Ok, so I bet folks may be tired of hearing me rave about Spry, but I wanted to share another demo I created this morning:


This is pretty much a clone of my blog demo, but I did add two interesting things here.

First - note the use of the filter. This is pretty easy to do in Spry. You create a filter function, and then assign it to the data set. You can do both destructive and non-destructive filtering. I did non-destructive so folks could remove the filter as well. Here is the code behind the filter. I cribbed a bit from Simon Horwith's example and the Spry demos.

function MyFilterFunc(ds, row, rowNumber) { if(document.filterForm != null) { if(document.filterForm.filter.value == '') return row; else {
		var regExpStr = document.filterForm.filter.value;				
		var regExp = new RegExp(regExpStr, "i");
		if (row["NAME"].search(regExp) != -1) return row;                   	
		else return null;
} else return row;



As you can see, I don't do anything too complex. The filter function is passed the ds, row, and rownumber attributes, and I just examine the row and compare it to my form data. Pretty easy, eh? I had more trouble with the regex stuff (which is why I ... 'borrowed' a bit from Simon) then I did with the Spry stuff.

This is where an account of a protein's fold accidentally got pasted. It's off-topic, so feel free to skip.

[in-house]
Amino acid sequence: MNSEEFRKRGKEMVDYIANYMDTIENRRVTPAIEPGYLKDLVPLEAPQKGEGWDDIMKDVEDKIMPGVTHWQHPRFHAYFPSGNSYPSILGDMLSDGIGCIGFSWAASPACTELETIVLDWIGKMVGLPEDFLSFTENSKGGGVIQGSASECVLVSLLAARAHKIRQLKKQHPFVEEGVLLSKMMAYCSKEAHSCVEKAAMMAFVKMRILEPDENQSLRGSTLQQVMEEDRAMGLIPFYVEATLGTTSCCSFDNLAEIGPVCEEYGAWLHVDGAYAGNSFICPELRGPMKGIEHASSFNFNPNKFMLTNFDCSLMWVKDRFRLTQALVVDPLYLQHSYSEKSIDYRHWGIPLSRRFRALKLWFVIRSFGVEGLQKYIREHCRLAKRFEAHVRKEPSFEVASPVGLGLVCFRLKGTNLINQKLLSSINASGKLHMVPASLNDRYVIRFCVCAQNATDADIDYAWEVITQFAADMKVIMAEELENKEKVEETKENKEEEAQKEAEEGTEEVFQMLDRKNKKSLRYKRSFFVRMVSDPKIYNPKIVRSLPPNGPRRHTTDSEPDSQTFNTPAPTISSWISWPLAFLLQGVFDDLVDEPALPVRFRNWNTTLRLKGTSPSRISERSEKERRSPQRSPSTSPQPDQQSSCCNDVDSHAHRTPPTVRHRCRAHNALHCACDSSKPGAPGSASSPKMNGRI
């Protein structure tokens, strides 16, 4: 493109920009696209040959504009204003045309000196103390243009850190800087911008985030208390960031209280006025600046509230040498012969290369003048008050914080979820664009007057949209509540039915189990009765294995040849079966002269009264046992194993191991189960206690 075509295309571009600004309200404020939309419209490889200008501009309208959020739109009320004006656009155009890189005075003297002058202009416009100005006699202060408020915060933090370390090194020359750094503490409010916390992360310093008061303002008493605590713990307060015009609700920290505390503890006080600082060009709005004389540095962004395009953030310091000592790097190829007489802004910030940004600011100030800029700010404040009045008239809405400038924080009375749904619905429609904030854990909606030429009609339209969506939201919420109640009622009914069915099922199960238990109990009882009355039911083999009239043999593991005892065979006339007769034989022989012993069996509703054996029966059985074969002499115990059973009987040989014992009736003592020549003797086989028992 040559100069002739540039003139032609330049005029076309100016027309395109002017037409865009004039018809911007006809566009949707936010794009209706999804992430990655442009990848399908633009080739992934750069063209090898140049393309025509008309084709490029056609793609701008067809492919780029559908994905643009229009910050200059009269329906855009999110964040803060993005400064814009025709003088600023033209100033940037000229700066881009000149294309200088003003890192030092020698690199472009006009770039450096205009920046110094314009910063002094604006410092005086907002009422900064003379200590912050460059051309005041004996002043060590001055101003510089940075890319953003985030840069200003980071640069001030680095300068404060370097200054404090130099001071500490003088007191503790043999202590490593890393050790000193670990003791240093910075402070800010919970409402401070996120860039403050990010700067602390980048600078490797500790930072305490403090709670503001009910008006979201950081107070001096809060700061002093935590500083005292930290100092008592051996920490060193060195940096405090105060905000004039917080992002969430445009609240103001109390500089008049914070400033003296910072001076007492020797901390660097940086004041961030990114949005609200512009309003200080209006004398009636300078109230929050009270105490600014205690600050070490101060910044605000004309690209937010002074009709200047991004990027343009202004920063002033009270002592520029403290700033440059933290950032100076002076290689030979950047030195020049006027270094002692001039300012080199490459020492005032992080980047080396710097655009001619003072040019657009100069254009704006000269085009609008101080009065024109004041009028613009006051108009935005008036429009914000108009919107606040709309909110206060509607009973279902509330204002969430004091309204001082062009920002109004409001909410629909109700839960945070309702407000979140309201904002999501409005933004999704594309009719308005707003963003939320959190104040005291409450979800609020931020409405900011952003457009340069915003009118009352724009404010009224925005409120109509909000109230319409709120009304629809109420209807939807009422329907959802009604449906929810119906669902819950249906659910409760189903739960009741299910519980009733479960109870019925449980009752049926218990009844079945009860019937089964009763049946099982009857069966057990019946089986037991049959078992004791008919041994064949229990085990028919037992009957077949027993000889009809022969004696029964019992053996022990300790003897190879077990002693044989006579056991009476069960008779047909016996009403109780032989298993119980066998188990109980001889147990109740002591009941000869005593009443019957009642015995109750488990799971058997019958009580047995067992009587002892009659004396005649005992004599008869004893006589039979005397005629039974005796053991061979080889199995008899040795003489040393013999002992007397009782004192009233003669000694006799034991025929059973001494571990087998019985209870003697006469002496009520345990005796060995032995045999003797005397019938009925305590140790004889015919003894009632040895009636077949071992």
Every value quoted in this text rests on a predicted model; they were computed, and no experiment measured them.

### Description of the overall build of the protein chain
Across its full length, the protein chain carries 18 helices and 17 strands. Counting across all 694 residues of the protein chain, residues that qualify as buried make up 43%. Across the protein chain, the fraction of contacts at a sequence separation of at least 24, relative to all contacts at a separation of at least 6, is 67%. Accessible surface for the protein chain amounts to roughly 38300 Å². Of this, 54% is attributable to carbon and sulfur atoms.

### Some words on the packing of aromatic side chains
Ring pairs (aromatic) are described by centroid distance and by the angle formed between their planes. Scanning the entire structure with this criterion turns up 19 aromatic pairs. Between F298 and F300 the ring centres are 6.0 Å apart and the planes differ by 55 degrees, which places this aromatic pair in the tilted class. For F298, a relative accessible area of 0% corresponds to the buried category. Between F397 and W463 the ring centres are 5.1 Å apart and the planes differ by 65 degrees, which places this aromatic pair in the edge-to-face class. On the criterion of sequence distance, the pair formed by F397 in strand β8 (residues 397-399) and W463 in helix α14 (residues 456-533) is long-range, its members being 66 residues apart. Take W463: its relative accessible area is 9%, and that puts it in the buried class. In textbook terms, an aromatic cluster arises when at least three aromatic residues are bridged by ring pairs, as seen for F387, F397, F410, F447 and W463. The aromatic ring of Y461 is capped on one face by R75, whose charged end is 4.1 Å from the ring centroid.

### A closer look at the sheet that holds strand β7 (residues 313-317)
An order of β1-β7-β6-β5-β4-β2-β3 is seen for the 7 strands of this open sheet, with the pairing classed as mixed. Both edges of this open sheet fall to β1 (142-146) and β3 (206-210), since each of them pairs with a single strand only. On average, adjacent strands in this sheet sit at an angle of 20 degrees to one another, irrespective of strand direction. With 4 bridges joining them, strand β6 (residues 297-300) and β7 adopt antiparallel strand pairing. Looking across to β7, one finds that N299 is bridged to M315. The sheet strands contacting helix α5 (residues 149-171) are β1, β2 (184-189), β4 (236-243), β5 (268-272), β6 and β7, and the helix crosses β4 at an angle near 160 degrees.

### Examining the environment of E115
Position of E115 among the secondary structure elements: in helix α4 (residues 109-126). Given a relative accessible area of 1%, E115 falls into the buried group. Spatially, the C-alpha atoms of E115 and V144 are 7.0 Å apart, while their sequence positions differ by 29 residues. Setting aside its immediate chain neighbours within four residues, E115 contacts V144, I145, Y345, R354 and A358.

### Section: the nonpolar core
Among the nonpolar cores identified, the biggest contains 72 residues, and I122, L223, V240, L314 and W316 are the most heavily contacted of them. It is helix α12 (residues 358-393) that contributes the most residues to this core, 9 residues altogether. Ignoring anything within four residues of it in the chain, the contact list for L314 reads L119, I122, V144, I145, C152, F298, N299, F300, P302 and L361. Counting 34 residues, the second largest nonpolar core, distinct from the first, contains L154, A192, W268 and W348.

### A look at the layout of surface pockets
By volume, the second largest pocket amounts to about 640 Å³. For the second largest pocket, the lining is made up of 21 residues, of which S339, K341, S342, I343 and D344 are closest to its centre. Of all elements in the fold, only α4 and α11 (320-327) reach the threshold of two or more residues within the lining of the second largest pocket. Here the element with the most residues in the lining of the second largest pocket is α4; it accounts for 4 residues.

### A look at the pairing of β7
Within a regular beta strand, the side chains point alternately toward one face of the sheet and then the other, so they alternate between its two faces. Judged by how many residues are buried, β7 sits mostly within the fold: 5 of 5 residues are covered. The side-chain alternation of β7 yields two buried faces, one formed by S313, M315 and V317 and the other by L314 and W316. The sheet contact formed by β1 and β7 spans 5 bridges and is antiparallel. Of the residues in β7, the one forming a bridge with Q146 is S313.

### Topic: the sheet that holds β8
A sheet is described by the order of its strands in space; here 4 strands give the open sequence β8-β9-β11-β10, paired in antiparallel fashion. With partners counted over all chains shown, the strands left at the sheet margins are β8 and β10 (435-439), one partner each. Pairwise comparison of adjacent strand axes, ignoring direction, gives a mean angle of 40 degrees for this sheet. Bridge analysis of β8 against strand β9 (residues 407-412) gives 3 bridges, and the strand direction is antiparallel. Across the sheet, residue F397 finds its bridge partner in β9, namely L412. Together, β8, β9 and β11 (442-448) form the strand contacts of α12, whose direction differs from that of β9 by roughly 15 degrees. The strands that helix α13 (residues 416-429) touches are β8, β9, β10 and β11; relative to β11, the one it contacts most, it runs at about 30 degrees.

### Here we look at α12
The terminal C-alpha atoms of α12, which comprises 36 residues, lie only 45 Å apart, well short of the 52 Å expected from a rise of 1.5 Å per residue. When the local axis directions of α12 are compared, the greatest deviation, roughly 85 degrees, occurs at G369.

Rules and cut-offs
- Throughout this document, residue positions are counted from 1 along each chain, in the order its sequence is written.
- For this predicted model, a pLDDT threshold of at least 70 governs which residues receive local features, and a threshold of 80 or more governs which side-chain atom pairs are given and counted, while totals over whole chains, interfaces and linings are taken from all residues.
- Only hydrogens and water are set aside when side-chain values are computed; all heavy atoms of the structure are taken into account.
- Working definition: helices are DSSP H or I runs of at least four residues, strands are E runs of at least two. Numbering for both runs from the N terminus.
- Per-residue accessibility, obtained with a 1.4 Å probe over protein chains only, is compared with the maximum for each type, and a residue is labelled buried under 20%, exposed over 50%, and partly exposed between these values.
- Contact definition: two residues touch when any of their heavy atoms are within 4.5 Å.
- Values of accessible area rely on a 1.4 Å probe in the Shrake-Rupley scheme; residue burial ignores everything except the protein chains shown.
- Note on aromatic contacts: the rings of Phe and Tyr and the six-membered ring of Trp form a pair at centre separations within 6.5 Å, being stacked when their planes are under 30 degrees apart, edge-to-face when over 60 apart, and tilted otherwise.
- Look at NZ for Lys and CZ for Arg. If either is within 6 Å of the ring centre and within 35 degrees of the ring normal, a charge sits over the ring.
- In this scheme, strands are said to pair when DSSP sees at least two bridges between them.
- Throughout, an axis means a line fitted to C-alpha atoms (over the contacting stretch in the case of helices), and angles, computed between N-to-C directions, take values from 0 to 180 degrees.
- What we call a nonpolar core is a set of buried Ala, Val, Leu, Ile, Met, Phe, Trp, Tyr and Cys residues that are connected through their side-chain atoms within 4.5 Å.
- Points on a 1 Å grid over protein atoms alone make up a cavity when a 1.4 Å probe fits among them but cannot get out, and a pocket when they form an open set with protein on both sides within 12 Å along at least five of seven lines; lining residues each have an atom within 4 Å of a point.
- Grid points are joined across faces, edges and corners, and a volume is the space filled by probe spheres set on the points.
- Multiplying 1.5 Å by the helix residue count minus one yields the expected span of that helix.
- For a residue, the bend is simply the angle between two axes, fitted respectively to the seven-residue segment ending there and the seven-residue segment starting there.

The second change was to add a simple loading message. I did this by using an observer function. This function waits for changes from the dataset. I don't actually check the result, which is kind of bad, but it does clear the "Loading" message. Here is the code behind the notification logic:

var myObserver = new Object; myObserver.onDataChanged = function(dataSet, notificationType) { setNote(''); };

dsUDFs.addDataChangedObserver("myObserverName", myObserver);

function setNote(str) { var noteRegion = document.getElementById('notification'); noteRegion.innerHTML = str; }

As with the other Spry demos, if you want to see the full code behind it, just view source. The CFLib proxy CFC isn't anything different from the BlogCFC one, just different methods. I'm going to break out my Spry "helper" methods into it's own CFC so that next time, my proxy can be even more light weight.